On Monday night Wells Fargo was in first position to acquire Wachovia. Then on Tuesday morning, it turned out that Citigroup would pay $2.16 billion for the bulk of Wachovia, including five depository institutions, and assume its senior and subordinated debt. Wachovia would retain ownership of its retail brokerage unit, AG Edwards, and its asset-management division, Evergreen. Also, Citi had entered a loss-sharing agreement with the FDIC on a pre-agreed pool of loans where Citi would absorb about $42 billion in losses on a $312 billion pool of loans, and the FDIC will absorb the rest.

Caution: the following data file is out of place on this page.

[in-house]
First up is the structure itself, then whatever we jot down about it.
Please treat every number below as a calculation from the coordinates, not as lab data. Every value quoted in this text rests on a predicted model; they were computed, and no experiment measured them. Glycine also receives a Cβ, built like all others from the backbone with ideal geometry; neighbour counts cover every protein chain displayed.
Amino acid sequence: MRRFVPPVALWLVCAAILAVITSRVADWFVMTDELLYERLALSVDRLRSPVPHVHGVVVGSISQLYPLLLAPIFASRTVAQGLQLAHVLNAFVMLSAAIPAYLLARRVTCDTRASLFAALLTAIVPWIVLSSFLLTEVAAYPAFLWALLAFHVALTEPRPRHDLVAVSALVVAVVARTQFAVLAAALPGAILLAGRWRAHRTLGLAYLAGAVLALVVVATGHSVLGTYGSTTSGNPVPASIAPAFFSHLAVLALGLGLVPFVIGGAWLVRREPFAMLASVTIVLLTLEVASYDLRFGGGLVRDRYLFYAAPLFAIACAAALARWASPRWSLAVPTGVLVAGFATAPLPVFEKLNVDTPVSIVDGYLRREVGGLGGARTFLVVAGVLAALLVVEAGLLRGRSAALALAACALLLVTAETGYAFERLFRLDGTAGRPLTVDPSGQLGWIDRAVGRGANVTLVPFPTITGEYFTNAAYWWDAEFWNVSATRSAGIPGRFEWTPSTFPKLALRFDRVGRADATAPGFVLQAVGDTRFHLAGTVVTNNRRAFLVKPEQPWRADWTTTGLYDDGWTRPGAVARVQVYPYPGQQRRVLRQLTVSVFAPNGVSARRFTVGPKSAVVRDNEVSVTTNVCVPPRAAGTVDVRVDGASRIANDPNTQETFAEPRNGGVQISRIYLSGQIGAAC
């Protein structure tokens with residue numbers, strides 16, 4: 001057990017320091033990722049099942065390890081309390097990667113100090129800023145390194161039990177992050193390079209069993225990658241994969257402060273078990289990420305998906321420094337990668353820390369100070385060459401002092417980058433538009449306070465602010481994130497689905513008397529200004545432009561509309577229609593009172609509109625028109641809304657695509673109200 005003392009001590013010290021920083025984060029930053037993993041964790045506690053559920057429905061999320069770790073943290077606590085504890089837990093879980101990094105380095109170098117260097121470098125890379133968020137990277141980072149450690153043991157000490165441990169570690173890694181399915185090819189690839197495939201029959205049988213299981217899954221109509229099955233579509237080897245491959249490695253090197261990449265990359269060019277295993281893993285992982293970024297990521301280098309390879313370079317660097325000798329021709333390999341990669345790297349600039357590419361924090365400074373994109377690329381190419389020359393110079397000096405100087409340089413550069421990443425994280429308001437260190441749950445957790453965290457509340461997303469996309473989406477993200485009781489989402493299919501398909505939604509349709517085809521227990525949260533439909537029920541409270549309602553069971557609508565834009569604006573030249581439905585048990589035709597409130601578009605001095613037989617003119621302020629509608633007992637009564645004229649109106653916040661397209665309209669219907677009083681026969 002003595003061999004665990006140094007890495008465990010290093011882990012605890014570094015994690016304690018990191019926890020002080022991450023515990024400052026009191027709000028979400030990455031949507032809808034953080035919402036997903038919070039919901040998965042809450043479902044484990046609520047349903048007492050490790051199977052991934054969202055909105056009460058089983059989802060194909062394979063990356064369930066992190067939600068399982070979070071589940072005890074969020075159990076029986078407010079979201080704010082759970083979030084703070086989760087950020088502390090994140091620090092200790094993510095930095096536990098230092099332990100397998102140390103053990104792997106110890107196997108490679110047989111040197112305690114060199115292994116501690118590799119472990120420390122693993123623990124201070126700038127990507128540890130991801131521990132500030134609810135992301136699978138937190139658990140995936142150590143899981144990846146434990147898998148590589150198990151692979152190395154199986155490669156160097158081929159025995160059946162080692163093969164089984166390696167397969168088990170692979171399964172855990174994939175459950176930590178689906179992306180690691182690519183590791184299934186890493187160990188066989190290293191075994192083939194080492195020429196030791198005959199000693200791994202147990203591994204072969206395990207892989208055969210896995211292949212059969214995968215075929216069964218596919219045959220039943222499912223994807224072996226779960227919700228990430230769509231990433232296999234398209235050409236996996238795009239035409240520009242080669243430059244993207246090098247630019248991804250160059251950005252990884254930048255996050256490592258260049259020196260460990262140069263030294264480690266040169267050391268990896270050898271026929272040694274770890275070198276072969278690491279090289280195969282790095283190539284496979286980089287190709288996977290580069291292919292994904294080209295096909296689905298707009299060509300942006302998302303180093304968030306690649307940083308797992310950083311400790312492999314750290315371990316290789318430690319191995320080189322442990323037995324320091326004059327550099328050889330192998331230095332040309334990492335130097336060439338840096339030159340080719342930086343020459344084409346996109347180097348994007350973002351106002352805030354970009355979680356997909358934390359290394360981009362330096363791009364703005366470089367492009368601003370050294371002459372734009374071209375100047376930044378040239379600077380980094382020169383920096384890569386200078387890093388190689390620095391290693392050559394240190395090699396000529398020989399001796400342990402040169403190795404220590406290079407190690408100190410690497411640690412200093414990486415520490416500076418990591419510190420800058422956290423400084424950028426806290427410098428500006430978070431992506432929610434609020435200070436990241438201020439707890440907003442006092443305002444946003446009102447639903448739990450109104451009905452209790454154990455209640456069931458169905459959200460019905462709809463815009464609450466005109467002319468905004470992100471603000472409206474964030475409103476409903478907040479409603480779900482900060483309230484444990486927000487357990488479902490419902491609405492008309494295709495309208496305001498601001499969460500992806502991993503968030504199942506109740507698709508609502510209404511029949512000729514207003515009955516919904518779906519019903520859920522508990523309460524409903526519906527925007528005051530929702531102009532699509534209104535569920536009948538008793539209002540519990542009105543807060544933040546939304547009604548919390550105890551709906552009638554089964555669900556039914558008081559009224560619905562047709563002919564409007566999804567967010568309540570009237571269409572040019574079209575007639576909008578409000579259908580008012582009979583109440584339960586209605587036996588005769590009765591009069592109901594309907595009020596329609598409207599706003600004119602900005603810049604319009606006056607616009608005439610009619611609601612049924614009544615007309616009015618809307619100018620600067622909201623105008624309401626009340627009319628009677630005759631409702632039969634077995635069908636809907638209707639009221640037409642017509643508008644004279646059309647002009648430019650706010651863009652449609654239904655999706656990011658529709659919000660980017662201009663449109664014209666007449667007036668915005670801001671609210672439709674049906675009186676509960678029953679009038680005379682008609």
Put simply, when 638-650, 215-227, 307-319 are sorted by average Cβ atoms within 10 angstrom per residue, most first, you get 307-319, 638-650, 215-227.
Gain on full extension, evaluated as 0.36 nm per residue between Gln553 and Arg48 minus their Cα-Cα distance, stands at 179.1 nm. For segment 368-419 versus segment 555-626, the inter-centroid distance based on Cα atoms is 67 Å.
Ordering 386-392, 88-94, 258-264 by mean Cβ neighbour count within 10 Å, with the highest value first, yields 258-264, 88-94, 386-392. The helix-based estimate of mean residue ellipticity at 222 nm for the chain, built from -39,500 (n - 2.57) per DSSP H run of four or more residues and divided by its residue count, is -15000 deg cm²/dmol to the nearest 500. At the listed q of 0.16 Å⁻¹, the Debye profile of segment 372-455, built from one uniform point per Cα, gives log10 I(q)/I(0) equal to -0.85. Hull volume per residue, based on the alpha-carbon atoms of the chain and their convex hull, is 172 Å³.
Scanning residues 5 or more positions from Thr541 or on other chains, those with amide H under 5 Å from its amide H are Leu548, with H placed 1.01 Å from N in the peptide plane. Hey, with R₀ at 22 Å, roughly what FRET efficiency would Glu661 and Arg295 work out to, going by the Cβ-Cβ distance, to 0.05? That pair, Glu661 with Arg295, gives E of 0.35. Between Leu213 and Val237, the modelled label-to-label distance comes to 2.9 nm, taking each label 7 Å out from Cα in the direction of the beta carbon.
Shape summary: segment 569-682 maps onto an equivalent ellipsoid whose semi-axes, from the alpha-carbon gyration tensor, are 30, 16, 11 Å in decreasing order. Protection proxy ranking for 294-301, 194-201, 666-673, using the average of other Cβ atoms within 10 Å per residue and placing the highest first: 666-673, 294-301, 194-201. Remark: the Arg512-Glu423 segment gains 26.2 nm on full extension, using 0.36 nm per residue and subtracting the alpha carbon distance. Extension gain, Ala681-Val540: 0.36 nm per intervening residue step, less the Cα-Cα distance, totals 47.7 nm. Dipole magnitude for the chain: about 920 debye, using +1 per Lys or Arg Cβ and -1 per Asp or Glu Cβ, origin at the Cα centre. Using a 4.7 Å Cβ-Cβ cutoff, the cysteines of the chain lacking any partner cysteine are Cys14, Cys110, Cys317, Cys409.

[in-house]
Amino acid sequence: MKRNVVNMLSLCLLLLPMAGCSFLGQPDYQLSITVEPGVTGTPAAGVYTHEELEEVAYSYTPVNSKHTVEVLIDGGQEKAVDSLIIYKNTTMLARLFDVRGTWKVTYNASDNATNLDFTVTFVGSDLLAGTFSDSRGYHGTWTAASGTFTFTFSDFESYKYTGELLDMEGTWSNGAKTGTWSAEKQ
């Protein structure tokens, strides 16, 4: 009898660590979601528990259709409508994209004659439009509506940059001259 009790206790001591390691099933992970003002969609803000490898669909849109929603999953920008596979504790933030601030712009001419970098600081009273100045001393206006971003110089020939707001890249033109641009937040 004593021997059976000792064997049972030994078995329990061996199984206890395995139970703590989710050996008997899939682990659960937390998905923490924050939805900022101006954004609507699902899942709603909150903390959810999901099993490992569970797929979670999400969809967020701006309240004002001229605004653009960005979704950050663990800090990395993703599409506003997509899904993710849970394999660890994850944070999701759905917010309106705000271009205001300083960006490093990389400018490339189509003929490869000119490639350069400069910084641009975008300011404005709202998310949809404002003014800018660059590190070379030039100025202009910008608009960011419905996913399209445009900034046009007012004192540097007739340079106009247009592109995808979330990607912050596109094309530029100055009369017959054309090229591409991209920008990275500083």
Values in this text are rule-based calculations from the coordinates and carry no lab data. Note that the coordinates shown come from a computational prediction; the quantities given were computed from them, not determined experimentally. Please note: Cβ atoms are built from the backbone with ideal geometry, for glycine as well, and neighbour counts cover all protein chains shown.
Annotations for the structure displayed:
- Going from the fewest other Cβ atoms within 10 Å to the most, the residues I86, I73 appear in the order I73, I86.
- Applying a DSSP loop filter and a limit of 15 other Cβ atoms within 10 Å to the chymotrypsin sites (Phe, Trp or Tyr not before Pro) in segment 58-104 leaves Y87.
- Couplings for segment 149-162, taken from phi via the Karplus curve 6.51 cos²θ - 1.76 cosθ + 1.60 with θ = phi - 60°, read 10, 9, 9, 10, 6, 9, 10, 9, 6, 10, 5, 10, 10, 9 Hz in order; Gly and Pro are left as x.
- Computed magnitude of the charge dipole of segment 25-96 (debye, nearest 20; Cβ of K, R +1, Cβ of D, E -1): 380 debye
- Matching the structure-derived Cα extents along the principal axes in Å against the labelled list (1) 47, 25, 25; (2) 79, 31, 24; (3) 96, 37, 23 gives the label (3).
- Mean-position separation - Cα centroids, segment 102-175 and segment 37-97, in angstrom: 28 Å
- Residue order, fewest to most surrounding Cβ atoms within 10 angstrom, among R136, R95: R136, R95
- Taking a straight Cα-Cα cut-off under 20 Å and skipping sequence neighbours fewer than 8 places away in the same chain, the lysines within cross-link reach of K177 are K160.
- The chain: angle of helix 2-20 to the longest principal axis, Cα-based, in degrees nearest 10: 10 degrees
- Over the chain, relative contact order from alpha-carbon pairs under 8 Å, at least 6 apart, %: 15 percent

Now, under the new Wells deal, Wells would pay $15.1 billion for all of Wachovia and the FDIC would be on the hook for nothing. To shareholders as well as the government and taxpayers, this seems like a safer deal. For Wells, it’s questionably safe because they steered clear of the Option ARM loan market and they’d inherit Wachovia’s $120b option ARM portfolio. But they’d also grow their branch network to 10,761 branches (which the WSJ said is 4,618 more than Bank of America Corp.), and would have $787 billion of deposits, which is second only to J.P. Morgan Chase & Co—after JPM bought WAMU last week in another FDIC-brokered deal, they grew to 5400 branches and $900b in deposits.